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Appatomy 101: What’s inside An App?

Bobby Gill | October 24, 2012

When you hear ‘app’, you probably think of the program that launches when you tap a icon on your smartphone’s home screen. You might be surprised to learn that many apps are actually made up of many components, some that live on your phone and others that live on the web, that come together to form a single ‘app’. Depending on the kind of app you are building, you might need to build  back end servers, databases and web sites in addition to the app code that runs on the phone.

Let’s say you are building a simple alarm clock app, then you generally won’t need anything more than the app that runs on the phone. However, if you wanted to include functionality that allows a user to stream a radio station for their alarm, or to manage their alarms via a web site, then your app will also need a web site, server and database to work. As a rule of thumb, if your app retrieves or stores data on the web (or in the ‘cloud’ as the Glitterati refer to it) then you will likely need to build additional back-end components that the app on the phone can talk to. The exception to this rule is if your app will be plugging into existing online services, like Google Maps, Facebook, or RSS,  then your app can usually plug right into them.

Here is a simple breakdown of common components that make up an ‘app’:

Component Description
  • Software that typically lives on the phone and that the user interacts with.
  • “Native” apps are downloaded from an App Store, installed on the phone and run as an individual application.
  • “Mobile Web” apps (sometimes called “HTML5”) live on the web, and run within the web browser of a smartphone. 
Web Site
  • Live on the web and are used to present and display documents through a web browser (duh)
  • Typically used to provide marketing and support information for users of an app.
  • Used to enable sharing of content from the app to Facebook, Twitter, etc. For example, when you click on a photo shared from the Instagram app to Facebook, you are directed to the Instagram web site where you view the photo.
  • If you are building a “Mobile Web” app, then the Web Site is where your app lives and is run from.
  • Like a web site, except instead of displaying content for people to view, a Server returns content for a native app running a smartphone to consume.
  • Apps communicate with a Server through the Internet and use the Server as a means to store and retrieve data. When you upload a picture with the Facebook mobile app, the app is sending the photo to a Facebook Server that lives on the Internet.
  • Servers act as an intermediary between the App on the smartphone, and a centralized Database which physically stores the data.
  • Servers are generally custom built components designed to support the particular functionality of the mobile app. A well designed Server can support apps that run across all platforms in addition to providing data to any Mobile Web Apps.
  • The Database is where all data sent to your Server is permanently stored. Think of a Database as a giant warehouse that holds the data of your app.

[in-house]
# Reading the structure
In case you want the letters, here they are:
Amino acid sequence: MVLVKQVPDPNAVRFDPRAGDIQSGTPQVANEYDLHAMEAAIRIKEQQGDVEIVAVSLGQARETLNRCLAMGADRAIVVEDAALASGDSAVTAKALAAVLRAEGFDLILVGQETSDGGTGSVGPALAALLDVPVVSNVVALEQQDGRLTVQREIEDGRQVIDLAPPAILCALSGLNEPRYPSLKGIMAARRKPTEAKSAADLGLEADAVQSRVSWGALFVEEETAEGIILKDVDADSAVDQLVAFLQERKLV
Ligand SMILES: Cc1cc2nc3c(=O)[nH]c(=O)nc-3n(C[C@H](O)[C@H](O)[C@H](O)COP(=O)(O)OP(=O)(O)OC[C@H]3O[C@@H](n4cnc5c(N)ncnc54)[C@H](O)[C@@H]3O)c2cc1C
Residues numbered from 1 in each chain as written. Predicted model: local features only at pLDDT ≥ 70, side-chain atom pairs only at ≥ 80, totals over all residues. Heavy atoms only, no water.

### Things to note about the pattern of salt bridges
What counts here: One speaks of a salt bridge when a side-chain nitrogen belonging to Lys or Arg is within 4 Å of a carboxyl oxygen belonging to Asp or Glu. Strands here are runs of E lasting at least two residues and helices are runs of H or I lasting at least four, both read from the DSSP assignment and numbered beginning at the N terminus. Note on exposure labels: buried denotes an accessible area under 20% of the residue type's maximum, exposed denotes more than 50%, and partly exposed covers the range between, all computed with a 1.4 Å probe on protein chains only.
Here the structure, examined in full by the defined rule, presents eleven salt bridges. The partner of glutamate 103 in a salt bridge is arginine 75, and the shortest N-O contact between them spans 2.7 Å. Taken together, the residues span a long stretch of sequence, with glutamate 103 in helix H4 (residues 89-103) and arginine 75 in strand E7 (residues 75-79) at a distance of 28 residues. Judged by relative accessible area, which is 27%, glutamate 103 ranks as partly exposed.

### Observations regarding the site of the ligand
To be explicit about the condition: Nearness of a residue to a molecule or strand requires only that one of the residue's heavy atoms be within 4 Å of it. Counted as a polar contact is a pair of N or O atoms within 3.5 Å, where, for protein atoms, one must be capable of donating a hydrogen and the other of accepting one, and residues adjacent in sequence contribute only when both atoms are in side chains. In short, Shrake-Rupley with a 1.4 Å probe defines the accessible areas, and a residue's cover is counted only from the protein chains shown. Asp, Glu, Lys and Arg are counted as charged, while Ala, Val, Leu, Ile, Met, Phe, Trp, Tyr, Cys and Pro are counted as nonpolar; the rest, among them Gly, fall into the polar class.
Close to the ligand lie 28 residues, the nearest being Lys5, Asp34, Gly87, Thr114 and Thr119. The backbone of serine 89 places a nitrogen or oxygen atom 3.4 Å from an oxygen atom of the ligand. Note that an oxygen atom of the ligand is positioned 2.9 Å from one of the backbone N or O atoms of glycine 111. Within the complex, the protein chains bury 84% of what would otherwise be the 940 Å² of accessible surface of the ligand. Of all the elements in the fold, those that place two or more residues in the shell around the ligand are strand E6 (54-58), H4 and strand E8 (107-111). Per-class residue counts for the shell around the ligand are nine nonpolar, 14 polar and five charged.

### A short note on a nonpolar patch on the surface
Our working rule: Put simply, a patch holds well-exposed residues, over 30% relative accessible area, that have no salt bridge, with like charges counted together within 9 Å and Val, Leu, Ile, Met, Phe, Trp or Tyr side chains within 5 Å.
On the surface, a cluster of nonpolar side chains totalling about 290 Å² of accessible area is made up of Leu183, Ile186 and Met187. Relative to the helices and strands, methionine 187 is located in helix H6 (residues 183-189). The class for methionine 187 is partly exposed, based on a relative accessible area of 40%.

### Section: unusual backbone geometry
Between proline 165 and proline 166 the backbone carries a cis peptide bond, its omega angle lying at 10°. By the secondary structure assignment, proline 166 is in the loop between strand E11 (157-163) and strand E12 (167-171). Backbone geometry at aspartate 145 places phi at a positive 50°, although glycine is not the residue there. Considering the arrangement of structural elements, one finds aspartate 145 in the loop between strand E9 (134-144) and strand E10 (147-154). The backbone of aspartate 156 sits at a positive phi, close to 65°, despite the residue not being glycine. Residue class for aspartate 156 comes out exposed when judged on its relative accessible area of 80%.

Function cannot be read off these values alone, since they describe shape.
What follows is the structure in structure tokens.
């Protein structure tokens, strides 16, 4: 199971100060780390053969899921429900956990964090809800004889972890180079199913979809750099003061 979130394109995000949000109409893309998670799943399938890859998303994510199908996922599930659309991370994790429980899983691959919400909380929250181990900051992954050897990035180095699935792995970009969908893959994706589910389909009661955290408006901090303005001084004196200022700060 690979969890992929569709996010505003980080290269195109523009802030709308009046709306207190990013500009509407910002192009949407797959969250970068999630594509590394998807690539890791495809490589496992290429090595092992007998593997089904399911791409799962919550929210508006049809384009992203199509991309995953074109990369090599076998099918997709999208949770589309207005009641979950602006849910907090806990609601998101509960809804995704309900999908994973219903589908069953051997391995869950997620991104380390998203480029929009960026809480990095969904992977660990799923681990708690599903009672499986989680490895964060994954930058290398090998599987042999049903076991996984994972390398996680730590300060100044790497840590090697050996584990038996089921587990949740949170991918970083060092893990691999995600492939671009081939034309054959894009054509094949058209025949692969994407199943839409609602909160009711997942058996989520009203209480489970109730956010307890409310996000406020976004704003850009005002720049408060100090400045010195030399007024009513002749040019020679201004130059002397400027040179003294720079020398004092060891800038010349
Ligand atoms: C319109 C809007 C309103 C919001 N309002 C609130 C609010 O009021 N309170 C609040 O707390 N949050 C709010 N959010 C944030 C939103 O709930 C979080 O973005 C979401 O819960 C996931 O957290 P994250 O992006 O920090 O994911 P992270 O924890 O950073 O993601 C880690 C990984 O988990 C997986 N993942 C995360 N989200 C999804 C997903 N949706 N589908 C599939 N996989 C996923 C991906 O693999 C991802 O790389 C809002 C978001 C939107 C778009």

• A Server uses the Database to store and retrieve data sent to it by the App. If the Database is a warehouse, then the Server is like the window agent that takes requests and instructs the Database to retrieve whatever piece of data is required by the App.

With this breakdown, let’s now look compare 2 different apps and see which components they each have. For this example, we’ll use the photo-captioning game Bahndr and the  frequent flier point management app TravelWallet

Component Bahndr TravelWallet
  • Yes
  • Native app for iPhone.
  • Yes
  • Native app for Windows Phone.
Web Site
  • Yes
  • Used for sharing photos and captions to Twitter and Facebook.
  • Also used for marketing and support purposes.
  • No
  • Yes
  • Handles all requests from the Bahndr app to create new captions, ‘like’ a photo, or share to Twitter/Facebook.
  • Bahndr app retrieves all photo, caption and user data that is needed for the current user through web calls made to the Bahndr Server.
  • No
  • Yes
  • Uses a web-hosted database where all captions, photos and user data for the app is stored.
  • No

If you compare the two apps side-by-side, its not immediately obvious that Bahndr is more complex app of an app to build than Travel Wallet. The TravelWallet App exists solely on a user’s smartphone, with no backend communication at all. Every thing about TravelWallet app lives on the smartphone. On the other hand, the Bahndr App requires a Server, Web Site and Database components to be available over the Internet for it to work. Each of those components needed to be built alongside the actual iPhone App and ready to launch at the same time.

If you are designing an app, think about the types of interactions it will have and what/if any additional components might be needed to build your app. Its important because having to build these components in addition to the smartphone  will add both to the overall cost of the project and increase the time it takes to build it. Case in point: TravelWallet took roughly 4 weeks to develop end-to-end, Bahndr was a 4-month effort that required multiple engineers working across many different technologies.  Apps are much more than what you see on your smartphone, know what components will make up your app.

Bobby Gill
Co-Founder & Chief Architect at BlueLabel | + posts

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